Holy Cannoli, Y'all
So…I made Top Teacher on Skillshare.
It’s been nearly a month since it happened, and I’m still stumped for words. Seriously, though. I’ve been putting off writing this post for so long because I’m like, how…to…word…my feelings? Haha, oh man.
I guess I’ll just start from the beginning, shall I? So…I’ve been a member of Skillshare since March 2015. I’m one of the OGs, y’all. This was back when they had under a million members and a few thousand classes (they now have 4+ million members and over 22,000 classes). As most people do, I originally joined to learn. Skillshare is really good at convincing you to post your own classes, though, so in November of 2015, I joined one of the monthly new teacher competitions they used to host, and in December I posted my first class on painting abstract watercolor portraits. Now that I look back on it with a more critical eye, I don’t think it’s very good or as professional as I’d like it to be (the video and audio quality is blah and I’d organize the lessons differently if I were to do re-do it today), but other people seem to like it, and at the time I was really proud of it. Skillshare even awarded me with the top prize of that month’s competition, so that was pretty neato.
I remember thinking that I would only post the one class because I didn’t feel qualified to teach anything else, and also, it was a lot of work. (Made me really appreciate the amount of work YouTubers put into their channels, heheh.) But then, lo and behold, I had another idea for a class. And then another and another. And thus, my channel was born.
I struggled, though. I tried not to feel discouraged by the lack of attention my classes were getting, but it was hard. I put so much work into them, and it felt like no one was watching. And on top of that, through the years, I watched as other teachers joined the platform after me and quickly rose to Top Teacher status. I wish I could say that I only felt happy for them and their, let me emphasize, very much deserved notoriety on the platform, but I can’t lie, I was envious. There’s a couple people in particular I’m thinking of that I won’t name, who I absolutely adore as both teachers and humans, and I hate that I ever felt ugly jealousy towards them, but alas. I guess I’m only human, right?
In 2017, I took a six month hiatus from posting classes because it just didn’t feel worth the effort and time I was putting into it. I was making less than $15K a year with my part time jobs and design work combined. I was so tired of feeling like I was mooching off my family, so I felt it was time to focus more of my attention on my art licensing career goals.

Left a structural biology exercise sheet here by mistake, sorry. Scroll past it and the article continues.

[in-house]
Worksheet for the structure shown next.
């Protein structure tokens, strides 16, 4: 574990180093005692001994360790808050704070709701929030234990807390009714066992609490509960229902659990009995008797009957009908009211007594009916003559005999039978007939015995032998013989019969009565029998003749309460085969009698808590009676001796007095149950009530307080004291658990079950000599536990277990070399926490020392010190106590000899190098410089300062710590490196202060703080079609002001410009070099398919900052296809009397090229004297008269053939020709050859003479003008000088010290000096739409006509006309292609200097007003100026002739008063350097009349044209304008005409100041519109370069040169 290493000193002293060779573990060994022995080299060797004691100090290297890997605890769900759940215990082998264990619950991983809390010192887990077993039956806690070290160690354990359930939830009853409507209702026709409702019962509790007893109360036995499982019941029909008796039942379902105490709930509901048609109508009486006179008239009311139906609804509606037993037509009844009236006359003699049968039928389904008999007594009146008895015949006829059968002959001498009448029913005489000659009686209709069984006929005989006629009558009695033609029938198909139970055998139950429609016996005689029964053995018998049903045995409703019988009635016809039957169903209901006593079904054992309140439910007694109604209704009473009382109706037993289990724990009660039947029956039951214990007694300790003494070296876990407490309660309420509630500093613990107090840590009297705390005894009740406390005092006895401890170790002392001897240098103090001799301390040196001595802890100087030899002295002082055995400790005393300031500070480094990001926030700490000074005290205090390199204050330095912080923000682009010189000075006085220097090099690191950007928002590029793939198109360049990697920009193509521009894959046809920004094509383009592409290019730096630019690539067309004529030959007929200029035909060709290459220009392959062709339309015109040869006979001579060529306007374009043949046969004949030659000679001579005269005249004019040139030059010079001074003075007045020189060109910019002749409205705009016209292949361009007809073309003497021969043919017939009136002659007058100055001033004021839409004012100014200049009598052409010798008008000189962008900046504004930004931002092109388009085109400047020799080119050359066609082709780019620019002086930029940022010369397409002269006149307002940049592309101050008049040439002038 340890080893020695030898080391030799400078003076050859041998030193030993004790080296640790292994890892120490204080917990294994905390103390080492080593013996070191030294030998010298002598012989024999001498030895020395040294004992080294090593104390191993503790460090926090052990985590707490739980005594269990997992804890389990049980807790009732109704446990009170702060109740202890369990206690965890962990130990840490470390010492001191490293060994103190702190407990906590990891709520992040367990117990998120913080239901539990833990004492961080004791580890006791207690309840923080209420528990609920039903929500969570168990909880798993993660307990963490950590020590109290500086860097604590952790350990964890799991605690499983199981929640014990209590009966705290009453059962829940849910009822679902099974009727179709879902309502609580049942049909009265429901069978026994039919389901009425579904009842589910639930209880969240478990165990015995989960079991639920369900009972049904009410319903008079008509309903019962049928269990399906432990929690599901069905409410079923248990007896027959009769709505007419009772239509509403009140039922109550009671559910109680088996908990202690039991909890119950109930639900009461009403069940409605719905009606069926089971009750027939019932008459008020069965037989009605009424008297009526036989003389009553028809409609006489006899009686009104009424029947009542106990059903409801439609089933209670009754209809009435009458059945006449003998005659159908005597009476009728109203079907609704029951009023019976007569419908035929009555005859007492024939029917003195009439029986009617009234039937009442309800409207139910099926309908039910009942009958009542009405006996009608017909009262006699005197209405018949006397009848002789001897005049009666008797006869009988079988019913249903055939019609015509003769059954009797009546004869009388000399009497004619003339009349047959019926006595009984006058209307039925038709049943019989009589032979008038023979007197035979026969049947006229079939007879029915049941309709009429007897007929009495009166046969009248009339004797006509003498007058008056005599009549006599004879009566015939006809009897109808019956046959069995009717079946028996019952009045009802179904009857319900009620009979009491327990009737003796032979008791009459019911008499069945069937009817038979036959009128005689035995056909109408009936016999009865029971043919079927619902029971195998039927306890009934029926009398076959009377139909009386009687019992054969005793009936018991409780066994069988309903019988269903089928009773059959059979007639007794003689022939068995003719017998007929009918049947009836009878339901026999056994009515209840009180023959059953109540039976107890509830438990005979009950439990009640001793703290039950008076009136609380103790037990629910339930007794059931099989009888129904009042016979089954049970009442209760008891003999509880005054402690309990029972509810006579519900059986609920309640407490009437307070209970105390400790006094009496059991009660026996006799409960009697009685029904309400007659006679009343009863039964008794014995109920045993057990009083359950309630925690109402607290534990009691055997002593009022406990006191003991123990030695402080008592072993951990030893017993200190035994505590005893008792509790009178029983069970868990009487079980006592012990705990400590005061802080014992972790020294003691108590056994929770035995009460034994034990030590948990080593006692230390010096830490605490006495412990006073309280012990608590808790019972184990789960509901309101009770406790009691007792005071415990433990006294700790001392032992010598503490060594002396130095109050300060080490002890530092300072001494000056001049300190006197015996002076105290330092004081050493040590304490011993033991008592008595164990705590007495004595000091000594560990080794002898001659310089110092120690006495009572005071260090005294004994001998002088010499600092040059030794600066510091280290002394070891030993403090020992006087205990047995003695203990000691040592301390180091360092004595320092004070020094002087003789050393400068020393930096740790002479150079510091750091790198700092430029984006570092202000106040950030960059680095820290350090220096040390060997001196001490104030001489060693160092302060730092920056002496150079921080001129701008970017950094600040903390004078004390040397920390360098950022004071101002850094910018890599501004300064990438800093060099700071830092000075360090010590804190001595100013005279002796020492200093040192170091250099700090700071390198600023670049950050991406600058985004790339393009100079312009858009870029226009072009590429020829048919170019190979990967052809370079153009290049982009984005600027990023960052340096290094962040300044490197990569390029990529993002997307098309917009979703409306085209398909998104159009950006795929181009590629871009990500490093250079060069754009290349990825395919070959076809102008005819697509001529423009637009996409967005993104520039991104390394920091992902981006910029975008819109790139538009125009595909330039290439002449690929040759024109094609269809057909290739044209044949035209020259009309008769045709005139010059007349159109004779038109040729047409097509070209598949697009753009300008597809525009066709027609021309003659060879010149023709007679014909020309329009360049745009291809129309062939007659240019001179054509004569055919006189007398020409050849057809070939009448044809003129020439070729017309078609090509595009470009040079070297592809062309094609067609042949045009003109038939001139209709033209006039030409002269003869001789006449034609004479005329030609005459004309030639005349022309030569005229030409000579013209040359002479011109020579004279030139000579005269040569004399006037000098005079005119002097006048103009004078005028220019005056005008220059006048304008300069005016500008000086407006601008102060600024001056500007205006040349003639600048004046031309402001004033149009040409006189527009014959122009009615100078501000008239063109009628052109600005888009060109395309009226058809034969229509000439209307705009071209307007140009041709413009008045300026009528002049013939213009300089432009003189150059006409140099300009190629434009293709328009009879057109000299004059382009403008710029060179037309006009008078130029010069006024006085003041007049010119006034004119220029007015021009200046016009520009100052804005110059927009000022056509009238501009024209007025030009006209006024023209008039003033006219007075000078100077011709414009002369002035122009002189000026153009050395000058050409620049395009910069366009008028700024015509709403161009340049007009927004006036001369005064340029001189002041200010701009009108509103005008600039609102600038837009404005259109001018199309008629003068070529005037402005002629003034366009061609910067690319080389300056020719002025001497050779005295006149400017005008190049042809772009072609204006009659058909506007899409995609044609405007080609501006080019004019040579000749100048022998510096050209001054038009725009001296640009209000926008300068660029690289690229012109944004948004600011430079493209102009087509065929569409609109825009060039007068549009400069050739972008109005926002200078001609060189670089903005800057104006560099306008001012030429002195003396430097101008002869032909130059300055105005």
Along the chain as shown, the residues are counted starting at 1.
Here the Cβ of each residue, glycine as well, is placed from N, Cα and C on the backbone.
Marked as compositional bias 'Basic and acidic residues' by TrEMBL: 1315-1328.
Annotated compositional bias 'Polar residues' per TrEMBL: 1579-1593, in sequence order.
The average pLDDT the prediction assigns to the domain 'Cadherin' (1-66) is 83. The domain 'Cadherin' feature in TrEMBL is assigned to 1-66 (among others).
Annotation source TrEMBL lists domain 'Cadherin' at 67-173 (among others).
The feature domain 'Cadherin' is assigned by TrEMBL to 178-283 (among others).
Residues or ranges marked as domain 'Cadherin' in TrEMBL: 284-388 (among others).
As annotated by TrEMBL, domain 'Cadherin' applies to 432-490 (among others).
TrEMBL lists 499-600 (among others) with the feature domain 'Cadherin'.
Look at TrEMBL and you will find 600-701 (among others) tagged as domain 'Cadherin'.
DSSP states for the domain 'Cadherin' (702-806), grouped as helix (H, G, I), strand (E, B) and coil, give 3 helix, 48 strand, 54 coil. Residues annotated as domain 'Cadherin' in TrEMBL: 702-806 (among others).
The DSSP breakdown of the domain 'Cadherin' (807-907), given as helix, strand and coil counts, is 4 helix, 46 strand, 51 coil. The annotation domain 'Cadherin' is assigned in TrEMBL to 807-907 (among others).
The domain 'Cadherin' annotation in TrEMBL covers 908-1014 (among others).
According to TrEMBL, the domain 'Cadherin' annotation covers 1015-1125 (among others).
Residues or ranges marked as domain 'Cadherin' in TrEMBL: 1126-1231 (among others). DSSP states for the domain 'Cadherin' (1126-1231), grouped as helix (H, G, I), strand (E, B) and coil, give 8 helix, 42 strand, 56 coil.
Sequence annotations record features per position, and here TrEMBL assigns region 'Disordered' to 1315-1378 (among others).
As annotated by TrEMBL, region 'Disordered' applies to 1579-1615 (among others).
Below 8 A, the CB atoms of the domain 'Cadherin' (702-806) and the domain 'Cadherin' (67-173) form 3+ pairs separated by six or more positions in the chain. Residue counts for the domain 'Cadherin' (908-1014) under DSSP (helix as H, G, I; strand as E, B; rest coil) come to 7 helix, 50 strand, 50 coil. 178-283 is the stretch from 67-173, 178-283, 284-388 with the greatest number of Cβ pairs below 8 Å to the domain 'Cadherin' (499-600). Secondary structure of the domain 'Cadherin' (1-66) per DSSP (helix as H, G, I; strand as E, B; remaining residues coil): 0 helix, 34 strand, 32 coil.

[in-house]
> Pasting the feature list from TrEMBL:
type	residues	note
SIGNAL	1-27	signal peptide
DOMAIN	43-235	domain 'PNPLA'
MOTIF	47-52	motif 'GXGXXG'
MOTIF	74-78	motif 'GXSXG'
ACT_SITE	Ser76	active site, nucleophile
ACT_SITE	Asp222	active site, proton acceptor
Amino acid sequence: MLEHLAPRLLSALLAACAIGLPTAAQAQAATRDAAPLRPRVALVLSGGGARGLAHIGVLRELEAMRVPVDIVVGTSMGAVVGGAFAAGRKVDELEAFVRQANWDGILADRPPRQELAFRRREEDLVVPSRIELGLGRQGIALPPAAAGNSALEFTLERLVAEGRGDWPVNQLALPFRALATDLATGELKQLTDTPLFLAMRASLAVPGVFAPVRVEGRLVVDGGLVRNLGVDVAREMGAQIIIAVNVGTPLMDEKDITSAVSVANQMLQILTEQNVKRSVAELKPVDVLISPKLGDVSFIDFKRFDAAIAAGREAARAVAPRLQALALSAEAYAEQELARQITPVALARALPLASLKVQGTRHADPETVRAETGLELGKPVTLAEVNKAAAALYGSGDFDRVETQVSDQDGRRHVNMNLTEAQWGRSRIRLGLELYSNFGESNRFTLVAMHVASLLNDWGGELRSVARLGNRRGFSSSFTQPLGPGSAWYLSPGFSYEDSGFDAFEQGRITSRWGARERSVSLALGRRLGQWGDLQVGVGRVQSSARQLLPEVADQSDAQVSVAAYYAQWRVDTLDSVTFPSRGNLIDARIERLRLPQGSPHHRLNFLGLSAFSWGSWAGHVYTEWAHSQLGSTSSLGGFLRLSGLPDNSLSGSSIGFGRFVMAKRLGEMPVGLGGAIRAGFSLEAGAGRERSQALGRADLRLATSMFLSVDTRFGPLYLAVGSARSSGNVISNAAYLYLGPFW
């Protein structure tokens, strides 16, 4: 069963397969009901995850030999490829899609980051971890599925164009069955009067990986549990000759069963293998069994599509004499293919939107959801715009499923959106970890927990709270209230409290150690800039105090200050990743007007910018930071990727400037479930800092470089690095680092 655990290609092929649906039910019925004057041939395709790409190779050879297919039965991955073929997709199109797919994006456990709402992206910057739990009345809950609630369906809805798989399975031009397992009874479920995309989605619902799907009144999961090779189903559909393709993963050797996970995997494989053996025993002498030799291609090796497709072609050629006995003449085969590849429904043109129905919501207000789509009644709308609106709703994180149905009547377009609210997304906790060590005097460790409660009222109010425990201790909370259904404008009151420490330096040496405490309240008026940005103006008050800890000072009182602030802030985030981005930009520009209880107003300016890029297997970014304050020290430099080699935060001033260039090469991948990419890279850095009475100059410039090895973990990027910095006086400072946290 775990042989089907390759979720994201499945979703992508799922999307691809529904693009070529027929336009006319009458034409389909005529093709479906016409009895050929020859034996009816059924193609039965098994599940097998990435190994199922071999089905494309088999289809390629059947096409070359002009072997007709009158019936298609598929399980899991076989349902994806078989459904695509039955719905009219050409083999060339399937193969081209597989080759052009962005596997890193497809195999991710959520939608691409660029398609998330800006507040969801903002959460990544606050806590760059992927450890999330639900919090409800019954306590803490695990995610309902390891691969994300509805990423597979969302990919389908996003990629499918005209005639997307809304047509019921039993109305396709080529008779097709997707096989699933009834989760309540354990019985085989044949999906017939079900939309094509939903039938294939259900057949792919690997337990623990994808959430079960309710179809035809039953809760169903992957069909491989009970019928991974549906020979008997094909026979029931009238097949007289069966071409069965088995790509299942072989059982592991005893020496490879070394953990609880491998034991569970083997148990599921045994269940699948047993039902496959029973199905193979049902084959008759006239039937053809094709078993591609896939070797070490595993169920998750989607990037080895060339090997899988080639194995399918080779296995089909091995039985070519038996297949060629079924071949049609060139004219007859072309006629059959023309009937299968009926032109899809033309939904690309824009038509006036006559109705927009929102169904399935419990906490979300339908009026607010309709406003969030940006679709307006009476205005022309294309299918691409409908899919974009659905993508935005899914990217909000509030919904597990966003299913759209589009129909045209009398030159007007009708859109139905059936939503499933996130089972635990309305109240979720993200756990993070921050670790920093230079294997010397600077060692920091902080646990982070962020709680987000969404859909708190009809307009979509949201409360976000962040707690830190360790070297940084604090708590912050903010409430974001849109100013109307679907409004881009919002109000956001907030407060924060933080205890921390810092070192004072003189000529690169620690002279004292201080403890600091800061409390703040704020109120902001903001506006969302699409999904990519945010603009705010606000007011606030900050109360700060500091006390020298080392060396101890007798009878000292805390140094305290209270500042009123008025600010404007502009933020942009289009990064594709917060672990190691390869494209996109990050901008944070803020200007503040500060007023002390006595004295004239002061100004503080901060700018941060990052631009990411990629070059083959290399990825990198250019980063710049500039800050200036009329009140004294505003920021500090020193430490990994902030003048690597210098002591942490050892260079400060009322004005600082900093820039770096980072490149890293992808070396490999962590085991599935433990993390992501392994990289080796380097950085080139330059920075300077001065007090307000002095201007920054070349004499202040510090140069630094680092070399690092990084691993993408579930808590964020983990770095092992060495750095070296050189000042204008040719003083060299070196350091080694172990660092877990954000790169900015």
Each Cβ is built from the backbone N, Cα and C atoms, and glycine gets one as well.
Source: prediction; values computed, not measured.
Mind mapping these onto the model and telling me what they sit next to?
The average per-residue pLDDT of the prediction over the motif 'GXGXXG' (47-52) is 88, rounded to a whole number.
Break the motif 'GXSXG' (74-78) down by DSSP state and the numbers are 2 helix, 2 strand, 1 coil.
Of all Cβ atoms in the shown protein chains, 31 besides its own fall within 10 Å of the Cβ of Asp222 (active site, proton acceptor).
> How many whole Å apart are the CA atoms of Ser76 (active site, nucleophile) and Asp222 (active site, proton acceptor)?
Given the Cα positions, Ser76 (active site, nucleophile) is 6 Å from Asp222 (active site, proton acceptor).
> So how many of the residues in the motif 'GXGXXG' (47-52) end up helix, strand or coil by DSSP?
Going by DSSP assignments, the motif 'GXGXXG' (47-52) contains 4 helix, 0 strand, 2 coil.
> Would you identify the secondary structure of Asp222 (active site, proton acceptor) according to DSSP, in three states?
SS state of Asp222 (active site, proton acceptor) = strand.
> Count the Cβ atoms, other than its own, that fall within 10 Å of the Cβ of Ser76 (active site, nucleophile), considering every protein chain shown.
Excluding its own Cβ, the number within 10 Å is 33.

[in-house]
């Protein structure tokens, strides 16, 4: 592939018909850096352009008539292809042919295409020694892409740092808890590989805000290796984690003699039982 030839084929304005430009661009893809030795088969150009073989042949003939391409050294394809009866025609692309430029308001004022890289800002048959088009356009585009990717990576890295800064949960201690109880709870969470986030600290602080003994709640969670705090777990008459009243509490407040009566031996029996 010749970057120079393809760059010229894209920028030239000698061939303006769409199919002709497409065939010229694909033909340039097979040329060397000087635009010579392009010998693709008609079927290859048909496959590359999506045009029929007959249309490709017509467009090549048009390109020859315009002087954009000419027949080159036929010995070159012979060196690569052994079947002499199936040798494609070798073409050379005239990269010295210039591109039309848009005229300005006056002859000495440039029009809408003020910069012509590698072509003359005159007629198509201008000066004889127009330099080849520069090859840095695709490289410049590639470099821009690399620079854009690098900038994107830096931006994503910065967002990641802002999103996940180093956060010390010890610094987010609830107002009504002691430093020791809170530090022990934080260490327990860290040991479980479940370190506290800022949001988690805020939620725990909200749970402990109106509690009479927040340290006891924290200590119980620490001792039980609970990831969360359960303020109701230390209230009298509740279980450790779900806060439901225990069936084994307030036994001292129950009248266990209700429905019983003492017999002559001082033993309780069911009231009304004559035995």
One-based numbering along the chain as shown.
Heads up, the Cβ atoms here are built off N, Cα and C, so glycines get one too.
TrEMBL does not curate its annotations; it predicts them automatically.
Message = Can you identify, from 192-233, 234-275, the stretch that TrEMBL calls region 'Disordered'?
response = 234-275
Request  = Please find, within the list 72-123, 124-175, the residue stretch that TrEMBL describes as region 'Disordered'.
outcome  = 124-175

In the meantime, however, I had taken four different character design classes outside of Skillshare for fun. I’d already decided that I didn’t want to pursue character design as a profession, as I’d interned part time at a video game company for a few years doing mostly character art and found that I really only enjoy designing my own characters. ¯\_(ツ)_/¯ That said, I had all this character design knowledge and experience that, at the time, I hadn’t seen presented on Skillshare, which lead me to create my latest Skillshare series, Character Design Crash Course.
I posted the first class in the series, Designing Animal Characters, in November of 2017 and for the first time, my class was chosen to be featured at the top of the Creative courses page for about a month. I was so excited because it helped boost my viewership and following like nobody’s business! I finally felt like I had some momentum on the platform.
Since then, I’ve posted two more Crash Courses and a watercolor course, and Skillshare even awarded my second Crash Course, Dynamic Design in Four Steps with another feature and a Staff Pick badge! Staff Picks are awarded to a very small percentage of classes, and they even get closed captions, which was particularly exciting to me. That gave me a much needed boost of confidence. Even though the last two classes I posted haven’t been particularly successful, I honestly don’t really mind, because I feel pretty confident in the quality of my courses now. Plus, I now make about a $1,000 a month on average from Skillshare, which makes it all very much worth it.
I’m sorry if I sound like I’m bragging. I mean, I kind of am, there’s no two ways about it, lol. But I’ve worked so hard and for so long to get here, so I feel like I’m owed a bit of bragging rights. And I haven’t even gotten to the best part…
Earlier this year, Mary Findley, who is the Teacher Success Manager at Skillshare, contacted me via email about setting up a call to discuss my future plans for my channel and such, and since I had done these sorts of calls with another Skillshare staffer before, I thought nothing of it. So in April, she called me and we had a really nice conversation about my classes and what I plan to do next; she had some really helpful suggestions, it was great. And then she dropped the bomb on me that if I agreed to all that it involves, Skillshare would like to invite me to join their Top Teacher program. After she asked — just all casual like, as though it wasn’t the coolest thing ever for me, hahaha — I think I was too busy processing to act excited, so I said, “Yes, I’d love to join” in a way more calm and reasonable tone of voice than I was actually feeling. I fully did a mental double take, haha.
After Mary filled me in on what it all entails and we said our goodbyes (and by the way, Mary is the best, just fyi), I hung up the phone, stood there for a second, and whispered, “Oh my god.” Look y’all, I have wanted to reach the coveted top teacher status on Skillshare for literal years. There’s only 87 of us and thousands of teachers on the platform. It’s…crazy, and I’m so freakin’ excited.
So thank you, Skillshare, for validating all of my online-learning-related life choices. I’ll do my best to make sure you don’t regret it! ;)